Starship Troopers

Starship Troopers was published in 1950s America, a time when the United States had emerged victorious from the second world war. Respect for authority and deference to the common good had demonstrated results to a battered nation still scarred by the Great Depression, and Robert A. Heinlein’s book depicts a world much like that of 1950s America – prosperous, united, and not so secretly authoritarian. As many have seen the movie of the same name, we examine how the film departs from the book, and search for meaning between the lines. In a world that has since grown very much different from that of the United States after WWII, would a return to that society be preferable to the one in which you find yourself? Would you “join up”?

The Myth of the 20th Century – Ep09 – Starship Troopers

One Comment Add yours

  1. I generally love your level of research and following threads that are ignored in history and society.

    This episode is exceptionally disappointing on a number of levels. I don’t get the impression that any of you actually gave it any kind of a thorough, or even more than a cursory one.

    You completely ignored the stated origin of the world government. It arose from the ashes of a third world war. It was also formulated by the soldiers on all sides. They realized that those who did not serve something greater would never lead, or even cast their vote, for the common good.

    The ONLY difference between citizens and people was that citizens could vote and hold office. The populace could conduct business, own property, grow wealthy and often looked down on citizens for risking their lives for such a small thing (Johnny Rico’s family as an example). Citizens held them separate because of the sacrifice that they made.

    Inherent in this is that is a degree of incorruptibility of the political system because of this separation. This is embodied by the teacher in the classroom. He is neither august nor wealthy but he embodies the difference that sacrifice makes.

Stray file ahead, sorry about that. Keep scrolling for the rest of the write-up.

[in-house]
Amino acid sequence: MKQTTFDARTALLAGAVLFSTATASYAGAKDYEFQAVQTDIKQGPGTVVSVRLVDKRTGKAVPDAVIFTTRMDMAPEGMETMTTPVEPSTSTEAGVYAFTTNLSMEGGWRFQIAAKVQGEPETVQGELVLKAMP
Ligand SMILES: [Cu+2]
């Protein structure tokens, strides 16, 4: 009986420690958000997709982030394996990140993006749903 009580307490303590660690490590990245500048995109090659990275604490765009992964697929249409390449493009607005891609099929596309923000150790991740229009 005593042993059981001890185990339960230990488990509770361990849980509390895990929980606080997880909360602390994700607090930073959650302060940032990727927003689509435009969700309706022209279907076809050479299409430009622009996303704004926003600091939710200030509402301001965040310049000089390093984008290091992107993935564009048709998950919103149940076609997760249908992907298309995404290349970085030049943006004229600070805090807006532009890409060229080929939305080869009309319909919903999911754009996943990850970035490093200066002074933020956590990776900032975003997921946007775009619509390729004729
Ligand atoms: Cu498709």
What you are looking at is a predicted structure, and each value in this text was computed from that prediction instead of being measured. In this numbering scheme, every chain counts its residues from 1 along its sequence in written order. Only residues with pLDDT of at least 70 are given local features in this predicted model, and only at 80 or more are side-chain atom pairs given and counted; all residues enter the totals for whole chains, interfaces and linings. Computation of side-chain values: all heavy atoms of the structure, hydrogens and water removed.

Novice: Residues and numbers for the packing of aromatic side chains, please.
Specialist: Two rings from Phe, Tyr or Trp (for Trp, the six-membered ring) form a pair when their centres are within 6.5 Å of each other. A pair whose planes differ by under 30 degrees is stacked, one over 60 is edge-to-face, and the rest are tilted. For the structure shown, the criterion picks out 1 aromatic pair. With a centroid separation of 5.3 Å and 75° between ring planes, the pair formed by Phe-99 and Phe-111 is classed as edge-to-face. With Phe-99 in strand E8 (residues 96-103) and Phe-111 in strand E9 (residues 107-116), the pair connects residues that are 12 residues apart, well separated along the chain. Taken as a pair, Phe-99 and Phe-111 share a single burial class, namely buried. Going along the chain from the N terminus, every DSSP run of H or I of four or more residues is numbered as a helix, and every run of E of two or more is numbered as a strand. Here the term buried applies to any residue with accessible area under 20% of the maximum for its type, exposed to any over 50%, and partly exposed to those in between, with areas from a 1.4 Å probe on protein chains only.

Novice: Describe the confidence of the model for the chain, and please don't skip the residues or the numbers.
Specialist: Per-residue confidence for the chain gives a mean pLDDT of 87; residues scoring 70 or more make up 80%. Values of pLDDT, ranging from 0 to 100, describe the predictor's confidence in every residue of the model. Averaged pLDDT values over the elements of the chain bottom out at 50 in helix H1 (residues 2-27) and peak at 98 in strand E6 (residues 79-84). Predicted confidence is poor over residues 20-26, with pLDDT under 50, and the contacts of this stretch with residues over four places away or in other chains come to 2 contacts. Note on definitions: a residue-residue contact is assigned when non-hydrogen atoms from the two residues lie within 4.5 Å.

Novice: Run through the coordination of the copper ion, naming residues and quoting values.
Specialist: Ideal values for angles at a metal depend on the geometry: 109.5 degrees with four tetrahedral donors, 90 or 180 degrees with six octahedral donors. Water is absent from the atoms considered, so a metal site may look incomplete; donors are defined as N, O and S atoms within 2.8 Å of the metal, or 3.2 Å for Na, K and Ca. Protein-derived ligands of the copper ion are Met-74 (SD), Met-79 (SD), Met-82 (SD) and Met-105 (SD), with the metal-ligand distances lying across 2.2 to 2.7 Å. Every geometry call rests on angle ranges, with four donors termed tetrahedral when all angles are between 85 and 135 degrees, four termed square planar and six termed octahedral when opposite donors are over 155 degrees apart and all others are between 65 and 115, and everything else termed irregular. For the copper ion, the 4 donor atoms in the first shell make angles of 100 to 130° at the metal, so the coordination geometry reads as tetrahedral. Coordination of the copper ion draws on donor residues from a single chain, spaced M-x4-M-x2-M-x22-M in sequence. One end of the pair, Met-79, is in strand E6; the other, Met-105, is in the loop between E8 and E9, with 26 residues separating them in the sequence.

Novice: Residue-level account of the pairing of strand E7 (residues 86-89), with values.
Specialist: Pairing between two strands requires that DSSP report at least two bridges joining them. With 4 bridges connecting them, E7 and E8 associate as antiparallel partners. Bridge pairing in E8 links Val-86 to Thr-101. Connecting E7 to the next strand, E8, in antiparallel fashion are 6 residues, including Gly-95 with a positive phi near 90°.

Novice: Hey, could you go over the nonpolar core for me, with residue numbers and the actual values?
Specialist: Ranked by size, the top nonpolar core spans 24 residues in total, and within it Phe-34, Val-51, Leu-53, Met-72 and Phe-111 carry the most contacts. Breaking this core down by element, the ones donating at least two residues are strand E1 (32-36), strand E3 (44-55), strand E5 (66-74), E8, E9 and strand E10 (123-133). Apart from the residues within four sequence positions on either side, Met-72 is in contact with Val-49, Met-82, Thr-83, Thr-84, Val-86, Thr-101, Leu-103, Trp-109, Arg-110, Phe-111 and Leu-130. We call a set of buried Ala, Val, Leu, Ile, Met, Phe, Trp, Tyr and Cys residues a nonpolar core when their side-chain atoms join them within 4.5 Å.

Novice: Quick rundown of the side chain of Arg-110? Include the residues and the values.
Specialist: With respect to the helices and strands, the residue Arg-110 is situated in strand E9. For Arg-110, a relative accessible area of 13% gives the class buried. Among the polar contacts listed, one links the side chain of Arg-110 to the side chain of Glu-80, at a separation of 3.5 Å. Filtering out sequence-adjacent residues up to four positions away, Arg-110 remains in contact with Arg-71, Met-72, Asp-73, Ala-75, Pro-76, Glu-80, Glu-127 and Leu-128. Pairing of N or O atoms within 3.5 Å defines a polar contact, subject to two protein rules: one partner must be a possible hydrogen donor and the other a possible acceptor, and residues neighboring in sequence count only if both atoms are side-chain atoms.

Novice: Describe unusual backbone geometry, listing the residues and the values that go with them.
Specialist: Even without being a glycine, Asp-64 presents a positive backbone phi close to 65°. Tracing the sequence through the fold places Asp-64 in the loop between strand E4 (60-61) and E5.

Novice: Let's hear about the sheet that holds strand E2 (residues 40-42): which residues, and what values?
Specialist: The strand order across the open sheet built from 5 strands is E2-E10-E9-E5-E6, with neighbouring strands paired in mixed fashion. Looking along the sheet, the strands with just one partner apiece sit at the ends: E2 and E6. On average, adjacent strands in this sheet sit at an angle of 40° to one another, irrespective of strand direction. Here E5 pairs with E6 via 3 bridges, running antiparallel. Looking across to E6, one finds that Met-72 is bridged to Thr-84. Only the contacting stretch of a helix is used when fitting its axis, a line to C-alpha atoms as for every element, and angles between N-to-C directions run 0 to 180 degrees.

Service did not have to be military service, but it would be demanding and in many ways unpleasant. I remember from the book that there was an example that a cripple could serve as a fungus farmer on an asteroid where they could function. You also ignore that anyone could end their service at any time, by simply walking away. The corollary was that you only had one opportunity to serve and if you left it you could never return.

    The nature of the training was glossed over. The training was to make the man. Even with the technology of battle suits that training was never discussed. It was all small unit tactics, relatively simple weapons, hand to hand combat and life or death survival training on the order of the Spartans before one ever saw one of the suits.

    This is already to long and there is too much more to address. I would bring no one else has done so.

    At any rate, if this is of any interest, you have my information.

    Keep up the good work in general.

    Like

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